Evening with Art Garfunkel ■ When: June 28, 8 p.m. ■ Where: Attucks Theatre, Norfolk ■ Price: $55 to $75 plus fees ■ For more information, visit: www.
sevenvenues.com The iconic and incomparable Art Garfunkel is making his highly anticipated debut at the Attucks Theatre. Tickets are available at the Scope Box Ofﬁce, all Ticketmaster outlets, online at Ticketmaster.com, or via phone at (800) 745-3000.
Season begins September 13 and ends November 8
GOLD VIRGINIA BEACH
UNDER 4 (COED)
UNDER 10 (BOYS/GIRLS)
UNDER 6 (BOYS/GIRLS)
UNDER 12 (BOYS/GIRLS)
riors Family Support has pledged $1 million to build “smart homes” for Staff Sgt. Jason Ross, USMC of San Diego, Calif., and Capt. Anthony Simone, USAF of Joliet, Ill. Absolutely 100 percent of all funds donated to the High Five Tour 2014 will go directly to the construction of the homes. Wounded Warriors Family Support is proud to partner with UAW-Ford during the High Five Tour 2014. Throughout the tour, the Mustang will stop at UAW-Ford events, as well as Ford dealerships, community events, veterans’ organizations, military bases and race tracks. For more information on the High Five Tour 2014, including the tour’s schedule and how to donate, visit www.HighFiveTour. com. Wounded Warriors Family Support will provide timely updates about the tour on Facebook and Twitter. For more information about Wounded Warriors Family Support, visit www.wwfs.org.
Gives back to community
Continued from C1
The Virginia Rush offers playing experiences for U4 - U12 players in the greater Hampton Roads Community. Players are placed on neighborhood teams within the area they live. Fall registration has begun and will run through July. We do accept late registrations on a space available basis.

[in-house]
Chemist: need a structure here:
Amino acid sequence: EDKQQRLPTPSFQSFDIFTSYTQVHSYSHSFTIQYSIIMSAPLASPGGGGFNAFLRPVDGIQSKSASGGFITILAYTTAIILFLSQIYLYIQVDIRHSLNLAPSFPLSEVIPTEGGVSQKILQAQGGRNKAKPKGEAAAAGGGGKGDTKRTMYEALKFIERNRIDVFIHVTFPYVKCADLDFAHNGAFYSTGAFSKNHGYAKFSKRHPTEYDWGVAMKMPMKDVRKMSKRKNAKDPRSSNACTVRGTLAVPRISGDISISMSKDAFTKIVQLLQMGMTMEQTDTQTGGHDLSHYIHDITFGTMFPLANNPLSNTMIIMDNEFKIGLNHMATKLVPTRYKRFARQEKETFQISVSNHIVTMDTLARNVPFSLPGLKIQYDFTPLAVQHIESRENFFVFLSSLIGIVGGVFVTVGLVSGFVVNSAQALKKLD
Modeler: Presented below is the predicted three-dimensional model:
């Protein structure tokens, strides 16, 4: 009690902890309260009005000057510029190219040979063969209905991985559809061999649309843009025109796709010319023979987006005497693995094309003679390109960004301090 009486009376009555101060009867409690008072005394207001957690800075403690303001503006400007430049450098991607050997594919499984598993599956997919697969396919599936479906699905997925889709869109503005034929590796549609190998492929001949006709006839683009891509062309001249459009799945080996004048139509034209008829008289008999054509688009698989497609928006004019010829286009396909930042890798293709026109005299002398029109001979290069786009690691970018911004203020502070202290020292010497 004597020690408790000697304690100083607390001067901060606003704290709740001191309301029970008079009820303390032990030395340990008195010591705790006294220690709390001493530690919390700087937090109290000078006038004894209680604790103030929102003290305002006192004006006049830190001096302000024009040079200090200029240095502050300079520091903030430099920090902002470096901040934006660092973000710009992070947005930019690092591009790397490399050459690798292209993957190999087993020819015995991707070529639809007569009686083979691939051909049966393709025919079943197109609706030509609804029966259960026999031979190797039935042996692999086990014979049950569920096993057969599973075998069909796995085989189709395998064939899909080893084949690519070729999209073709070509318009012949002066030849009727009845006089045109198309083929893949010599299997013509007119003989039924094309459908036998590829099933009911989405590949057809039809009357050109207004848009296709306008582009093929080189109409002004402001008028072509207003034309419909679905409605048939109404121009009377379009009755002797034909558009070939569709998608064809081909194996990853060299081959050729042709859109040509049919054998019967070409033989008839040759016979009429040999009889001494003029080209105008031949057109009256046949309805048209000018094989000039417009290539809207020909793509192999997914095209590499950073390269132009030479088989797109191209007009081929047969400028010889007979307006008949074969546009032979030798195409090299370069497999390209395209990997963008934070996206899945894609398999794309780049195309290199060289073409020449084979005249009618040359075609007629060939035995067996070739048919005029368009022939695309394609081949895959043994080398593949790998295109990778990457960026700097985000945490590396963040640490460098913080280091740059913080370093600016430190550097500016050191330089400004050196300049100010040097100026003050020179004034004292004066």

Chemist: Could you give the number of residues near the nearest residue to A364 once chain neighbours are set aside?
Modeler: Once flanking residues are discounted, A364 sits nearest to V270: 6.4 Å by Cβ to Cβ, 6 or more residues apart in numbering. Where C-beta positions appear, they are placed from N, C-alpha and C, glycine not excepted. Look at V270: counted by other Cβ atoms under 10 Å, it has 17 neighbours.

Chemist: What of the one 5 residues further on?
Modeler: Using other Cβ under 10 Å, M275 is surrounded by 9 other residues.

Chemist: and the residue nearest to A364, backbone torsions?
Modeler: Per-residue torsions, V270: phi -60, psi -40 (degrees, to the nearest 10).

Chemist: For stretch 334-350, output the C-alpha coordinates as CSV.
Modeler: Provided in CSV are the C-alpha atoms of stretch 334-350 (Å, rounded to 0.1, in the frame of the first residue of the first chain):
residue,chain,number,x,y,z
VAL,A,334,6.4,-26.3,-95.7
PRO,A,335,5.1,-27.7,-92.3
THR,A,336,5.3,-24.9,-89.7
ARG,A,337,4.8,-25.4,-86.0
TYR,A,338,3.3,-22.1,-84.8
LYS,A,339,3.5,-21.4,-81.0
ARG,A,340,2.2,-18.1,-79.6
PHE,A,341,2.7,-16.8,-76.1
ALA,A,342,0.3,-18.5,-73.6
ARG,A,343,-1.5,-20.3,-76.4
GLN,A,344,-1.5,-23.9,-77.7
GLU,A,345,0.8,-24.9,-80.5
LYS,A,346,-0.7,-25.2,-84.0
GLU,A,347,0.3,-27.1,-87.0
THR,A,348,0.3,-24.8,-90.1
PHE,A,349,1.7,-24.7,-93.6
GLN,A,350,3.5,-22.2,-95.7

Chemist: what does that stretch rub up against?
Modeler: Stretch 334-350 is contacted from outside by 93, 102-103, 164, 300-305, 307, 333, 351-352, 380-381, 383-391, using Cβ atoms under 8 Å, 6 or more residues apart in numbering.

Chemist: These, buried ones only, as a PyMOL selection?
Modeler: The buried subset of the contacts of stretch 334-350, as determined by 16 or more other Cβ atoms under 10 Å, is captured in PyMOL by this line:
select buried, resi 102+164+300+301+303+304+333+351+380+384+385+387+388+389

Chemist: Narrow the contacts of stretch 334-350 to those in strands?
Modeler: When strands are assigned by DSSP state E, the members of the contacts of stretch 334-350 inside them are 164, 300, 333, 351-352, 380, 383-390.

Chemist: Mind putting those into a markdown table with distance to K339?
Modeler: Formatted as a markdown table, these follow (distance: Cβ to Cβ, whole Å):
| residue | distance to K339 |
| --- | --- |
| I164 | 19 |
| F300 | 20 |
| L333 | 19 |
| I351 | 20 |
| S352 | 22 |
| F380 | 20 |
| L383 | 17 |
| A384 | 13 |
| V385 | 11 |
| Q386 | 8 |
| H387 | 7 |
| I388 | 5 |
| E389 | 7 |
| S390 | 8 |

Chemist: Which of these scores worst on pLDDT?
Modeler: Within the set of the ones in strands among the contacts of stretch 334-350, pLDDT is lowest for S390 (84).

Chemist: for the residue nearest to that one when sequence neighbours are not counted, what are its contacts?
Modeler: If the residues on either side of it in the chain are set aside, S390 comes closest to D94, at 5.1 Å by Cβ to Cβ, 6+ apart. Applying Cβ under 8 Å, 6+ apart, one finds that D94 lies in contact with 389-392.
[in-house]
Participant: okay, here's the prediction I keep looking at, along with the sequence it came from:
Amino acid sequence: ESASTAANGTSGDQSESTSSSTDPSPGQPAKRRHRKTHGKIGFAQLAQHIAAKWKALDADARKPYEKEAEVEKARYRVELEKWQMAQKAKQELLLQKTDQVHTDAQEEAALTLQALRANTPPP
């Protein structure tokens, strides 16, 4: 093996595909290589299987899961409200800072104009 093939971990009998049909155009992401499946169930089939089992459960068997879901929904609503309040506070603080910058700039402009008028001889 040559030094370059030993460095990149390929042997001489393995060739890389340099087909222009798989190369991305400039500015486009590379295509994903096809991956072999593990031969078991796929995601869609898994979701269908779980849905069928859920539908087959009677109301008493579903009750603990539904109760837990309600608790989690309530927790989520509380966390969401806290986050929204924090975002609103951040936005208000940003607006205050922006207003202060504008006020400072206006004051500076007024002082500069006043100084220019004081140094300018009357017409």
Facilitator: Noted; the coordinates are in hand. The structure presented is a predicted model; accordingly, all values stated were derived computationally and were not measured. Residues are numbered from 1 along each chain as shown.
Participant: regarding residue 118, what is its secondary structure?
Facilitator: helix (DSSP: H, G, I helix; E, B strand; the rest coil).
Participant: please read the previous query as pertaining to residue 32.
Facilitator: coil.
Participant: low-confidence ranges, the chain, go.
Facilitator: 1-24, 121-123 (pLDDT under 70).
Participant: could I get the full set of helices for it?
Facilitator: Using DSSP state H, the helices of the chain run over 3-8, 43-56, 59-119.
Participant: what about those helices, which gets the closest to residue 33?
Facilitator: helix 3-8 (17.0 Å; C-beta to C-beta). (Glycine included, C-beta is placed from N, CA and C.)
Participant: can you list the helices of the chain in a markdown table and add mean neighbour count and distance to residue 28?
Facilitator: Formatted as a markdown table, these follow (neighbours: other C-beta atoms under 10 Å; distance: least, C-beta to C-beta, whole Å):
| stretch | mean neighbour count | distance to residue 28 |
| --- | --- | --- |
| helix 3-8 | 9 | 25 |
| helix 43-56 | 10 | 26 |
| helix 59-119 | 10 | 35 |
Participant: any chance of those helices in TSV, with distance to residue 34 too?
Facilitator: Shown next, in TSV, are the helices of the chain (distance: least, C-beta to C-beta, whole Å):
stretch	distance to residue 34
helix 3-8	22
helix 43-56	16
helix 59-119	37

The Wounded Warriors Family Support Mustang will stop in Norfolk as part of the High Five Tour 2014. The tour is scheduled to visit Freedom Ford (7520 N. Military Hwy., Norfolk) from 4 to 7 p.m. on July 3. During the High Five Tour 2014, Wounded Warriors Family Support’s red, white and blue 2014 Ford Mustang GT500 is traveling to 65 cities in 48 states on a mission to say “thank you” and show appreciation to our country’s military families for their sacriﬁces. Americans of all walks of life are invited to show their support for military families by visiting a stop on the tour and signing the car with a message of support to our country’s veterans and their families. The High Five Tour 2014’s mission is also to raise funds to build “smart homes” for two deserving Wounded Warriors and their families. Through the tour, Wounded War-
Register NOW and SAVE! FEE IS $80
UNDER 8 (BOYS/GIRLS)
School of Excellence | U6 - U10 Boys/Girls Provides a professional training environment for optimal individual player development. For full details, go to varush.com and click on School of Excellence.
Register online varush.com Call 757-430-3500